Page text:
Michael Holman SJ
I joined the Jesuits in 1974 and looking back I can say I would not have wanted to live my life in any other way.
I was born and brought up in Wimbledon, in a large and lively Jesuit parish, and attended the Jesuit school, Wimbledon College. It was while in the sixth form that I decided to join the Society of Jesus. It was a trip to Lourdes which changed me. To be truthful, I disliked the place at first: there seemed to be so much commercialism. But then I met this woman on a stretcher at Lourdes train station, very sick and quite terrified. Five days later I met her again on her journey home. She was a different person. No, she had not been physically cured but she was at peace and at home with herself.
This experience opened my eyes. I remember looking down at the grotto area one day with a crowd of sick people and their helpers. It struck me then that nothing would make life more worth living than trying to put Jesus at the centre of my life, in the way all these pilgrims seemed to do in Lourdes, and in the process to do what I could to care for those who needed the Lord most, the sick and the marginalised above all. As time went on, the Jesuits seemed to me to embody this way of life best so I decided to join them and I've not regretted it.
My training was long, almost 14 years. But from the first a young Jesuit is part of this world-wide family of men. Our way of life teaches us to encounter Jesus in our prayer and in our celebration of the sacraments, certainly, but also in our everyday life: in one another, in the joys and sorrows of those around us, in the choices we make and in the issues we need to confront. This encounter with Jesus is something which transforms the ordinariness of life and makes it extraordinary. We can be “contemplatives in action”; life becomes a journey with Jesus, as Ignatius himself used to say.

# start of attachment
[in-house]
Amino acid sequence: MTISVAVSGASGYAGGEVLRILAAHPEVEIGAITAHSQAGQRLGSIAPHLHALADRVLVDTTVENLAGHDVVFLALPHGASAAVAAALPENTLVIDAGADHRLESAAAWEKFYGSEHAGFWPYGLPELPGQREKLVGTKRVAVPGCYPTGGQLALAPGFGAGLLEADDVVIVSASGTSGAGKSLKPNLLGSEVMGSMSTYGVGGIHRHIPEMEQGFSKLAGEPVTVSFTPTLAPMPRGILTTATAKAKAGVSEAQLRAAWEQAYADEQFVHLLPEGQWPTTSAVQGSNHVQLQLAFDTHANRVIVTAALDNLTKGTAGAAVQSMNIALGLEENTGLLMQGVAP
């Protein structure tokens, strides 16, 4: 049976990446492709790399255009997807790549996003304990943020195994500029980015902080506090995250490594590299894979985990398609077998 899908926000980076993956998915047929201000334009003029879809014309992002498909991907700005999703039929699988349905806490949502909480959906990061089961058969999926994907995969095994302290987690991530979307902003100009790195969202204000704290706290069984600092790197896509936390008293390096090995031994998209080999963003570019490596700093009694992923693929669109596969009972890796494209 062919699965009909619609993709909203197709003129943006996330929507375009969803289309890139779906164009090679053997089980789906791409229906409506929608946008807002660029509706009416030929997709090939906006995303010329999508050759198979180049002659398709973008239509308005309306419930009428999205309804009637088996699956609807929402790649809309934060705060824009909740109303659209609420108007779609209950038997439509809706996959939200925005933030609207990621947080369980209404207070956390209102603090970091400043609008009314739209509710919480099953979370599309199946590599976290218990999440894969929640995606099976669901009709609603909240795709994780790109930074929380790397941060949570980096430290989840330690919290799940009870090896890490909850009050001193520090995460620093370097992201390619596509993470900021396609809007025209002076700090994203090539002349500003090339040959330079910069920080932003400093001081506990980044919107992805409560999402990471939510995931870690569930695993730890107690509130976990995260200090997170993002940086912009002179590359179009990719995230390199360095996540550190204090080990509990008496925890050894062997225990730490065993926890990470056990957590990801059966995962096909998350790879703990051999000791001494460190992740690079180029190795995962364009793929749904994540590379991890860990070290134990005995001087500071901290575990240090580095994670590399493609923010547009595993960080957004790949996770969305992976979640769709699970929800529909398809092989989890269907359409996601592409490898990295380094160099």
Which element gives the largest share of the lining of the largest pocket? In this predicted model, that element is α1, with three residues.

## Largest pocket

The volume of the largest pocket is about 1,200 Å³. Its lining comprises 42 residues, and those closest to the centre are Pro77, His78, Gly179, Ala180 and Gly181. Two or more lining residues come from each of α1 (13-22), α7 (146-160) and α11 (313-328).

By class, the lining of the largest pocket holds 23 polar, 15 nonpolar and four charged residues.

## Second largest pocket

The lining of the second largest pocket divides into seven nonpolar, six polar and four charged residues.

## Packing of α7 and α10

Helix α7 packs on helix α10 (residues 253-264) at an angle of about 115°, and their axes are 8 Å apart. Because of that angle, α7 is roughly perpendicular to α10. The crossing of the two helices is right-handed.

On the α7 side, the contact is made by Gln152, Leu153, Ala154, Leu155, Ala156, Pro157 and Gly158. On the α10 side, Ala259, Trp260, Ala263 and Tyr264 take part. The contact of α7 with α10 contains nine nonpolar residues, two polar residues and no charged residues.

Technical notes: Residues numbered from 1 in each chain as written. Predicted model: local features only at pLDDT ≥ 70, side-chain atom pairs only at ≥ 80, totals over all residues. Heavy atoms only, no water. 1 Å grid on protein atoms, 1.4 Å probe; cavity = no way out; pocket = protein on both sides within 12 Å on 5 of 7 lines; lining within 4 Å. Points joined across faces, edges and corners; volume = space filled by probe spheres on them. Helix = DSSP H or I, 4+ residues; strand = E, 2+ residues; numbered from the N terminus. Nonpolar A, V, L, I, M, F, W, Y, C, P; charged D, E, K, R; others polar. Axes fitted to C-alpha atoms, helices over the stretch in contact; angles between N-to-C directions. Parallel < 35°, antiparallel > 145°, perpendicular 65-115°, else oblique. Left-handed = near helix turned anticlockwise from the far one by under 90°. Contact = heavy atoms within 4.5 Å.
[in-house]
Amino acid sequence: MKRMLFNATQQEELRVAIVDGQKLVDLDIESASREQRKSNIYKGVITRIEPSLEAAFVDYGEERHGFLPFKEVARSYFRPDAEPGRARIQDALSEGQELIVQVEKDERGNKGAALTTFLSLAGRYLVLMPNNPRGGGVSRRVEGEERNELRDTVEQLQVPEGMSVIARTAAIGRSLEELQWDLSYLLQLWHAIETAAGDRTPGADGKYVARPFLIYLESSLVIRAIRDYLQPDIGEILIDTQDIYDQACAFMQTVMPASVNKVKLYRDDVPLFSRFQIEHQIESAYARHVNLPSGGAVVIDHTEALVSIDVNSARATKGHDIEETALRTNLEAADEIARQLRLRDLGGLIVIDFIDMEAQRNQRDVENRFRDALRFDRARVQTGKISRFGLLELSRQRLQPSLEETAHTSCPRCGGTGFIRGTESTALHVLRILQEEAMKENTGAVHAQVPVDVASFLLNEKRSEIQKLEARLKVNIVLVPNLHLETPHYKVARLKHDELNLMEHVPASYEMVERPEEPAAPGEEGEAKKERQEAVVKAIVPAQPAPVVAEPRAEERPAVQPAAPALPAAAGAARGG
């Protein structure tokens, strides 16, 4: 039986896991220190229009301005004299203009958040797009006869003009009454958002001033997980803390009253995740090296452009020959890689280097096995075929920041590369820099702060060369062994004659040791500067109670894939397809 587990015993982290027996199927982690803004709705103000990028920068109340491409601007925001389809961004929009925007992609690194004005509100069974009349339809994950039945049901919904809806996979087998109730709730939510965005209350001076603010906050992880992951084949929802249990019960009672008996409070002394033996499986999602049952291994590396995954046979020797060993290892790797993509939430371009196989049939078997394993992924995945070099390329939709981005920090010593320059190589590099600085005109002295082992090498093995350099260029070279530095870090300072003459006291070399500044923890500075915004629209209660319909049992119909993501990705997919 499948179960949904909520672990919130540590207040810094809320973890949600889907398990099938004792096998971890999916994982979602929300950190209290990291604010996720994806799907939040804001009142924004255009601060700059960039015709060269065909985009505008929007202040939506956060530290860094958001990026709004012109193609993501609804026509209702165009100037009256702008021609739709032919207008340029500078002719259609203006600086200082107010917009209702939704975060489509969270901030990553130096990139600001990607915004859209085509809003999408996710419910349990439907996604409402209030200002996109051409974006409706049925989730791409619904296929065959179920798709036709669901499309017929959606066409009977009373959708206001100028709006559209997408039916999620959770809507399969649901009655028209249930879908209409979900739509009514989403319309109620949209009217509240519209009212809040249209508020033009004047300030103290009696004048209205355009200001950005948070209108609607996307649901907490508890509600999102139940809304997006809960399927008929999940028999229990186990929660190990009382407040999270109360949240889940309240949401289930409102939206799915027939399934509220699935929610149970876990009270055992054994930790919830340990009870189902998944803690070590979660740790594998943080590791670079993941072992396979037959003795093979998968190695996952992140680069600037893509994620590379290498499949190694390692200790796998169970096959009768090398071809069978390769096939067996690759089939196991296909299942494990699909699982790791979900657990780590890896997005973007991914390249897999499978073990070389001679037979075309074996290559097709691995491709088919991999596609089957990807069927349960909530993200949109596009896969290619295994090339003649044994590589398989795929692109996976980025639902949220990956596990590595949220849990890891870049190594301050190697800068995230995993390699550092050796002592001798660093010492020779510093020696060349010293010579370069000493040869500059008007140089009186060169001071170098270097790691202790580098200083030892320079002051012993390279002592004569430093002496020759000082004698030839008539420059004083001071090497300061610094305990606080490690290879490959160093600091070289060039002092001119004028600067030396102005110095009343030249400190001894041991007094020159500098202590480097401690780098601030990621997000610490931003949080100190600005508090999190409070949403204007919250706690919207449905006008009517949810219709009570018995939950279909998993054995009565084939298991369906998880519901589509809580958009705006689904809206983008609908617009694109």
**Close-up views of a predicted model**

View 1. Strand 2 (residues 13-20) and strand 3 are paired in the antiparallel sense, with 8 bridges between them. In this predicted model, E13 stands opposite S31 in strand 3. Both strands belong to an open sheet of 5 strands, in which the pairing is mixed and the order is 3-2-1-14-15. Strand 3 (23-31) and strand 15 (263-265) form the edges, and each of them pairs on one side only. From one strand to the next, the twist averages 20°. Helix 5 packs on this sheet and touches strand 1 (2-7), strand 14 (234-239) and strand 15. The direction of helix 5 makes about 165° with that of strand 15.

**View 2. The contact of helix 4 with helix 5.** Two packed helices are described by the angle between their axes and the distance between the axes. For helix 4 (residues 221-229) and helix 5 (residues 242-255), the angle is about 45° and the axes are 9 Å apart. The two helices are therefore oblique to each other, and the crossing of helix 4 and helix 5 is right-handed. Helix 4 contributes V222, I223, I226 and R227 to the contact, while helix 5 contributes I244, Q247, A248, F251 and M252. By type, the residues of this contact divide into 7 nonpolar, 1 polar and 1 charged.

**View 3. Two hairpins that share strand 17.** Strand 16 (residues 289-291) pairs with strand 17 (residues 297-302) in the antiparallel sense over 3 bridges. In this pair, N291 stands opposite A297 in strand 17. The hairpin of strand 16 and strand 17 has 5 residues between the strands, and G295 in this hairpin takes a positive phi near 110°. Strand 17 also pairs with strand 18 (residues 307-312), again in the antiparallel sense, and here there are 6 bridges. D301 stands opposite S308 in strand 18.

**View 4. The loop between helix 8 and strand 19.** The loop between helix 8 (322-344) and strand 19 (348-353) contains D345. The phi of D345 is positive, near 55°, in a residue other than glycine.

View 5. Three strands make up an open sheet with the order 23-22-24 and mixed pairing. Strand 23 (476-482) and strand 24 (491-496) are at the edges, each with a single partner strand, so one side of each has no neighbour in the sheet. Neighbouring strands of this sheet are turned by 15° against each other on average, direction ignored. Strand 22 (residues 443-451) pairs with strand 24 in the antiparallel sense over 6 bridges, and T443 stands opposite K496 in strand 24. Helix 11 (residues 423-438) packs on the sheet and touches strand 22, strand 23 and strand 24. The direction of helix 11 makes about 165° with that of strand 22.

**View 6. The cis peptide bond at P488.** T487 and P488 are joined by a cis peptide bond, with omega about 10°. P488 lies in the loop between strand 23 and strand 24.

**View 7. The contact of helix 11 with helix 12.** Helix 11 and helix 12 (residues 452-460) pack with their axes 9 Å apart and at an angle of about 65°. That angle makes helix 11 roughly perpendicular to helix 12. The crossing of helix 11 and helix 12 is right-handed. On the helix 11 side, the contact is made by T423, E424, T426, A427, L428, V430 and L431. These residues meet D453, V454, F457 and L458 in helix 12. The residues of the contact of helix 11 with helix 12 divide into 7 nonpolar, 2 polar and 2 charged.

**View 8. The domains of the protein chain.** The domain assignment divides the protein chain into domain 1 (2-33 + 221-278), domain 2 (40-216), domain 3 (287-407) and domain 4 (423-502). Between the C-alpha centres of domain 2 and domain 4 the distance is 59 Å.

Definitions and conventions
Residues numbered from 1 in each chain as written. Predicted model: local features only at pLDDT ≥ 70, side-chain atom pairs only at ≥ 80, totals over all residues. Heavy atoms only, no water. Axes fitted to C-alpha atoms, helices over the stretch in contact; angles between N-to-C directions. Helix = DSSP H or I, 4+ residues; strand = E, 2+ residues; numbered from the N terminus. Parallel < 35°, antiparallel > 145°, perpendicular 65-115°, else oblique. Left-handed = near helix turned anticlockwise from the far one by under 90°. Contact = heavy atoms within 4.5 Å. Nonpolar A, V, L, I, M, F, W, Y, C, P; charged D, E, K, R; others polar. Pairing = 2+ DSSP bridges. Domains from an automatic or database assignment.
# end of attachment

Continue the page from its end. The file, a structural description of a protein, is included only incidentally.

Most of my life has been spent in education, firstly in secondary school and now in university.
Working with students gives us the opportunity to have a considerable positive impact on them and their families. I have seen many young people whose lives have been transformed by schools which put them at the centre and which in the process help them become men and women for others who put their talents at the service of those who need them most, the sick, the poor and the marginalised included.
My life has had its ups and downs, and like everyone I have made my fair share of mistakes. But, as Pope Francis reminds us, it's when we pick ourselves up and walk forward that we can encounter the mercy of Jesus coming to meet us. In this way, our discipleship, founded on greater gratitude, is lived at a much deeper level than before. We are able to help others in their troubles, and that always matters very much for any companion of Jesus today.